Friday, March 5, 2010
Radical Gratitude & Being Thankful for Depression
(I love squash but will be glad when they are replaced with summer veg.)
There is that very famous and popular Mesiter Eckhart quote where he says, "If the only prayer you ever say is Thank You, that is enough."
I wonder how seriously we take this. It sounds pretty easy, doesn't it? Just say thank you. But for what? Just the good stuff? Just the pretty stuff?
I don't think a Mystical Mastermind meant to let us off the hook like that. I think, perhaps, he meant something a lot harder, something more along the lines of, "Love your enemy."
It took reading some Anthony DeMello to wake me up to the all-encompassing, radical, change-the-world Awesome that is the Eckhart quote.
I can feel the veil of my recent black hole experience beginning to lift, thanks to a lot of dance and talk and taking care and noticing and all of that. Last night, I was reading before bed, and DeMello was telling me that at the end of the day, I should sit down and remember every little thing that happened (or just the big things...whatev) and say "thank you."
For all of it. Sure, thank you for the lovely card I got in the mail. Thank you for the sun. Thank you for my safe and healthy family...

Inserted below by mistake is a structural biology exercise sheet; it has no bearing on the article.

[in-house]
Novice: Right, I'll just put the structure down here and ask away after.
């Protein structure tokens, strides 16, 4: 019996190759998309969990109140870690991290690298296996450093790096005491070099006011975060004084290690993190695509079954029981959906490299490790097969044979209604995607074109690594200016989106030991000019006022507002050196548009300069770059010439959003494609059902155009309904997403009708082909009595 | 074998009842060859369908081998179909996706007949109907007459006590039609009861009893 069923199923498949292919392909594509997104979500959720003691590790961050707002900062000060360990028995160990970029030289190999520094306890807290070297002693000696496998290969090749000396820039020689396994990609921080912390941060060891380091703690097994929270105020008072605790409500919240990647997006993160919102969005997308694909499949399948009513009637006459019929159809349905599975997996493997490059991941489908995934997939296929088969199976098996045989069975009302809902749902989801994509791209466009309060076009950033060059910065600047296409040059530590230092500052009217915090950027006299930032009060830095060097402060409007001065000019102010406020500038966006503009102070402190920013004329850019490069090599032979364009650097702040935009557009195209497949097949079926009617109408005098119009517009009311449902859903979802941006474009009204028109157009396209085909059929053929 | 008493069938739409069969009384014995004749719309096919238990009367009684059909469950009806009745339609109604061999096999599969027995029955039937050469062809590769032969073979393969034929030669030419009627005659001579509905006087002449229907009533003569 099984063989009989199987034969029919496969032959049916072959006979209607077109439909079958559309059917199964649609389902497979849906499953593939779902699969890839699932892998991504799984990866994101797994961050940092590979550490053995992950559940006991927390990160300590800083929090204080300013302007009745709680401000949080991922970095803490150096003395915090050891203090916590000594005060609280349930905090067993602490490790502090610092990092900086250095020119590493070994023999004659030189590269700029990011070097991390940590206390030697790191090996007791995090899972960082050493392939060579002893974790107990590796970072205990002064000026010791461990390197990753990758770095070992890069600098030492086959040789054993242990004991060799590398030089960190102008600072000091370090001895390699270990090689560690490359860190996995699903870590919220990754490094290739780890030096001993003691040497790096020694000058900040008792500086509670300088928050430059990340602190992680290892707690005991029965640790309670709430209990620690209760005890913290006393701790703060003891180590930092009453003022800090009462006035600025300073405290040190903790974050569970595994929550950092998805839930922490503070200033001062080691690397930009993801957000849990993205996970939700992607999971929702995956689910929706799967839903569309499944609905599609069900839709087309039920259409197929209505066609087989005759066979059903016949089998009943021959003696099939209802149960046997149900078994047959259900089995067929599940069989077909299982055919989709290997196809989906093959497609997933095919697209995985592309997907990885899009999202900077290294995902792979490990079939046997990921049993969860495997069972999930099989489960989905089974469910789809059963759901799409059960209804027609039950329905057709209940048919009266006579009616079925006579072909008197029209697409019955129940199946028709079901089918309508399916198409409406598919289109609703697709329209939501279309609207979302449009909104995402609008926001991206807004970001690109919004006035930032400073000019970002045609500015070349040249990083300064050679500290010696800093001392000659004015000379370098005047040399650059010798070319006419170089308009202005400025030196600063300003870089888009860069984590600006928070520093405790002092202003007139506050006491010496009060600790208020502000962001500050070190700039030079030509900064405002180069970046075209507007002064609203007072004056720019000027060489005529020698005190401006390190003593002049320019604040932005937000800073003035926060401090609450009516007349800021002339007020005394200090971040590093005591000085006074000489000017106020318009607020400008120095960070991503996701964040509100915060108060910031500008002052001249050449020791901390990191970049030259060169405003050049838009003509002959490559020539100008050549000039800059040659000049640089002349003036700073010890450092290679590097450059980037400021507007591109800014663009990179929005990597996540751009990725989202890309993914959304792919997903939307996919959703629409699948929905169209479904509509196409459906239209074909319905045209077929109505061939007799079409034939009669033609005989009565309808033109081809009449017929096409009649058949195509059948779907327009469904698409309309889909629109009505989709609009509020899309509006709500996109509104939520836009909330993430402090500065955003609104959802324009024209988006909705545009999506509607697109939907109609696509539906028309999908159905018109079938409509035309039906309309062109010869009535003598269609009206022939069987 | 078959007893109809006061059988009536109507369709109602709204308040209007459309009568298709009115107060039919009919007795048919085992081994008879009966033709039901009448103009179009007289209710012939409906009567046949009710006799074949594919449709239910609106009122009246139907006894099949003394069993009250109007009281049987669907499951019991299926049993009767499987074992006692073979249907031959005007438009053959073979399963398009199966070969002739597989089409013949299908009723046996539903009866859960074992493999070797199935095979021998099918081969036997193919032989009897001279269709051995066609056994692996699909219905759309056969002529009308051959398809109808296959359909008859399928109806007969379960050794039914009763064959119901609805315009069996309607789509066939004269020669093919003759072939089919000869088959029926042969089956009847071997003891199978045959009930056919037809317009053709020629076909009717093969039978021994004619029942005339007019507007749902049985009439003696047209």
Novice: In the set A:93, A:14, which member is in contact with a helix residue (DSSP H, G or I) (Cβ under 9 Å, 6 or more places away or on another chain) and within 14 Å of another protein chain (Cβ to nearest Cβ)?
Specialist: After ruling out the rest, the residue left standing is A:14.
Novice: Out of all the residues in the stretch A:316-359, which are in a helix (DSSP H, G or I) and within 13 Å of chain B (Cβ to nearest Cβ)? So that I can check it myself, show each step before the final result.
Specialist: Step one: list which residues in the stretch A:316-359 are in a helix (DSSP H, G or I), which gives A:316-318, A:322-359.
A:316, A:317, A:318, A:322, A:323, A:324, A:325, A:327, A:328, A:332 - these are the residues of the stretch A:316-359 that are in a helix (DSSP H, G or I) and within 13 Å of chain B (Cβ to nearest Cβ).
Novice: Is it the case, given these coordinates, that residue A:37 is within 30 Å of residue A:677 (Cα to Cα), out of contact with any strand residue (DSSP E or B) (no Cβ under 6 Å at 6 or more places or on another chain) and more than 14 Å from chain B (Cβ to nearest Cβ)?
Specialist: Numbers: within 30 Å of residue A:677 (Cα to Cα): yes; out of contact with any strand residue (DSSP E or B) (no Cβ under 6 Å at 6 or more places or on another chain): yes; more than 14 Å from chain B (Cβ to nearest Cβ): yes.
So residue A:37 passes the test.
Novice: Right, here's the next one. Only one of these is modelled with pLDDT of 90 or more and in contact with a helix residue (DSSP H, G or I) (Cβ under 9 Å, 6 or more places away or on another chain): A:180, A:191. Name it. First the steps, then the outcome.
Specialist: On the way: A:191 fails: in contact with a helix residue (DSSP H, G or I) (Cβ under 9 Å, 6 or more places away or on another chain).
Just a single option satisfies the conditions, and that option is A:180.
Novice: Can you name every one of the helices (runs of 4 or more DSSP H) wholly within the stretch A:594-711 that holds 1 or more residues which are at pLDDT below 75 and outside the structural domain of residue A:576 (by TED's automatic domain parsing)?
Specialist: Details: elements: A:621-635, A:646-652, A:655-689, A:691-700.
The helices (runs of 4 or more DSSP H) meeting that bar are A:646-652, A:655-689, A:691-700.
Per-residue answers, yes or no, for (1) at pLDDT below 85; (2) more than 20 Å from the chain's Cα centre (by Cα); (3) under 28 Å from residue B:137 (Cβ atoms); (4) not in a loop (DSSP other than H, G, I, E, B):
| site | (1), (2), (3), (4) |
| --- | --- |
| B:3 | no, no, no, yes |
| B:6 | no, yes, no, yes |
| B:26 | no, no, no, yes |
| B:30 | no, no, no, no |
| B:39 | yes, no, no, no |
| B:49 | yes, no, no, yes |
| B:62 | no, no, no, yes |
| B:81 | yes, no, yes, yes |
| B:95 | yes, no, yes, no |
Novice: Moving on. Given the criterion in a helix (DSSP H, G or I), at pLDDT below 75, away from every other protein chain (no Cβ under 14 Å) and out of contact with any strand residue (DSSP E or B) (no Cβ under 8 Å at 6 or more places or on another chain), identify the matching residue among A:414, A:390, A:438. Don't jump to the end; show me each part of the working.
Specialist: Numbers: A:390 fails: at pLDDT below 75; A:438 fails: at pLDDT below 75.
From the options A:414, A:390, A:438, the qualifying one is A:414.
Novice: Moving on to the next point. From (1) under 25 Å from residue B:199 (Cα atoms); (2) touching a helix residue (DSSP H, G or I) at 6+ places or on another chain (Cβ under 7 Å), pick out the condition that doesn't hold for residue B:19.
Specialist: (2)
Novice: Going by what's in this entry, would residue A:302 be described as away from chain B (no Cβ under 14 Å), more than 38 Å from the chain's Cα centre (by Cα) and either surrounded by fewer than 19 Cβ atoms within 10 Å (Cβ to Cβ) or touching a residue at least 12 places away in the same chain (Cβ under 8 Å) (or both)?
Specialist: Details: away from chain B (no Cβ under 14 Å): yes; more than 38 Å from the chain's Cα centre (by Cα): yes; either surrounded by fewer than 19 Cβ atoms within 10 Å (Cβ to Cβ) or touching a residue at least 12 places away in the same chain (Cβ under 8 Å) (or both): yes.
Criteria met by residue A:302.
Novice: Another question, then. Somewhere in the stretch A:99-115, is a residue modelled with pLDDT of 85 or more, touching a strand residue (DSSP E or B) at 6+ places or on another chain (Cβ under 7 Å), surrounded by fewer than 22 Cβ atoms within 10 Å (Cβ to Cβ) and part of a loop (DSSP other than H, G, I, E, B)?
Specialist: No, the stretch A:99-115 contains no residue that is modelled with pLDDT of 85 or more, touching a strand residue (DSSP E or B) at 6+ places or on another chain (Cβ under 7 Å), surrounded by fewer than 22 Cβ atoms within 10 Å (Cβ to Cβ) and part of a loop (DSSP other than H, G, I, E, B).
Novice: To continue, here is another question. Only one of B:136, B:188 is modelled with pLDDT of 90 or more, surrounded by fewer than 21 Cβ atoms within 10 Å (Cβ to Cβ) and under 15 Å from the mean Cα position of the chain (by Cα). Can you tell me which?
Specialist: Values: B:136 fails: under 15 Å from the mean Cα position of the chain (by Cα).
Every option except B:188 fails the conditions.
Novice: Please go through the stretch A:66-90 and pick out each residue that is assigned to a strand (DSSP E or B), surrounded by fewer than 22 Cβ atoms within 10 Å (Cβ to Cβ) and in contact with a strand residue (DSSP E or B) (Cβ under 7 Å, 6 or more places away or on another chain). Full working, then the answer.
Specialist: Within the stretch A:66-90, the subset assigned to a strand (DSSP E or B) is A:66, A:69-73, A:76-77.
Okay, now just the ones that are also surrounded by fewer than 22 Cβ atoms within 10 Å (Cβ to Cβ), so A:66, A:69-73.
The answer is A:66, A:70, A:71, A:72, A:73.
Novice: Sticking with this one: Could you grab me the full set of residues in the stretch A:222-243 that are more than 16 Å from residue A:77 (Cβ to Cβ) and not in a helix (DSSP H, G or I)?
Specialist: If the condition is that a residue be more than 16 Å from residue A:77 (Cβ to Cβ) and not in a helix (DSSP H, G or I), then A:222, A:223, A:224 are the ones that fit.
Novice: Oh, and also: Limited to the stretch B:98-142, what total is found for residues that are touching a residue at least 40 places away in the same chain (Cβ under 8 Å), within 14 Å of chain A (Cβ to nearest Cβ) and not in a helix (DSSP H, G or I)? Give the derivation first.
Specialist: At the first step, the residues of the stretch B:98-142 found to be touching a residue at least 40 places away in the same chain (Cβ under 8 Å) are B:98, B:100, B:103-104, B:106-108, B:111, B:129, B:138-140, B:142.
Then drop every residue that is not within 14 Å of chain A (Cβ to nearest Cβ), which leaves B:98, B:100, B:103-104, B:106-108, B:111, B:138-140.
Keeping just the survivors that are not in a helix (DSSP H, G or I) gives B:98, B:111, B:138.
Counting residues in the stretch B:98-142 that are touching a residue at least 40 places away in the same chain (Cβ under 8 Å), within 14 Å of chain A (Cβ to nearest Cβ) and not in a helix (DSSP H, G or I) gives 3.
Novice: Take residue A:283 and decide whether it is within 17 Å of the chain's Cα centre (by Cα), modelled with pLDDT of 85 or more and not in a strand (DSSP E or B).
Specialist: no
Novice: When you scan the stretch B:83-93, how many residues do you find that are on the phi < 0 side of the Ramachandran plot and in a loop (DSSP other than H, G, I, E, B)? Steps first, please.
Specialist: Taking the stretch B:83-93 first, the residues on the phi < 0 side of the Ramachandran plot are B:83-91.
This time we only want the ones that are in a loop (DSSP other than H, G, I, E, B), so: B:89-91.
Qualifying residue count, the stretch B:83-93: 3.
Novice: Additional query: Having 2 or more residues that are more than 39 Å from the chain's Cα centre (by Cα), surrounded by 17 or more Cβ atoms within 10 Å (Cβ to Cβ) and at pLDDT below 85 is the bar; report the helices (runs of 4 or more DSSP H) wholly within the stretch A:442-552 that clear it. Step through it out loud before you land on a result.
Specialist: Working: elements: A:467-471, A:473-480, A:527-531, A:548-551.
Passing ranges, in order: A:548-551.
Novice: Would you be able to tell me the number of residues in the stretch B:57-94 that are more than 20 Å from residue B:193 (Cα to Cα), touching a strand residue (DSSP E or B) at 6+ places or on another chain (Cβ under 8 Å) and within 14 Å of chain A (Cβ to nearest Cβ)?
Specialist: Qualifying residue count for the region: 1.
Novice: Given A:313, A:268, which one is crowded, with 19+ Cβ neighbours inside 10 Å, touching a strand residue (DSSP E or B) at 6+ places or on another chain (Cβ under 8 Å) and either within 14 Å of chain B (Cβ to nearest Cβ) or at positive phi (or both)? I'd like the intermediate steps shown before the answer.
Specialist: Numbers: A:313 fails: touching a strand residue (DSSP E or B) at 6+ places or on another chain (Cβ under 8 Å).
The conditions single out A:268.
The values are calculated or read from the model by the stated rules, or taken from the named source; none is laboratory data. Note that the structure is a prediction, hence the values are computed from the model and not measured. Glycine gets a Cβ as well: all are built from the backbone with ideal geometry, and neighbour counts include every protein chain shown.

Thank you for that annoyingly slow driver who made me late.
Thank you for the boss who yelled at me.
Thank you for the call from my mother-in-law.
You get the idea, but what about this: Thank you for my depression. What?! This is considerably more difficult, but it's exactly what DeMello and Eckhart mean. This depression is teaching me something if I am willing to listen. This depression that I have experienced even in my youth has made my life what it is today.
Let me clarify here: I am not talking about being a martyr to pain or allowing people to continue to hurt us because we want to "accept it all." I am talking about how we internally react to these things and what we do with them after the fact.
This is complicated stuff.
Yet...yet...how many of us have spent countless hours asking "Why?" This turning it around, this Radical Gratitude, shifts something for me. It lightens my load, because when I say thank you, that Thing that was getting in my way suddenly is smaller, suddenly steps to the side.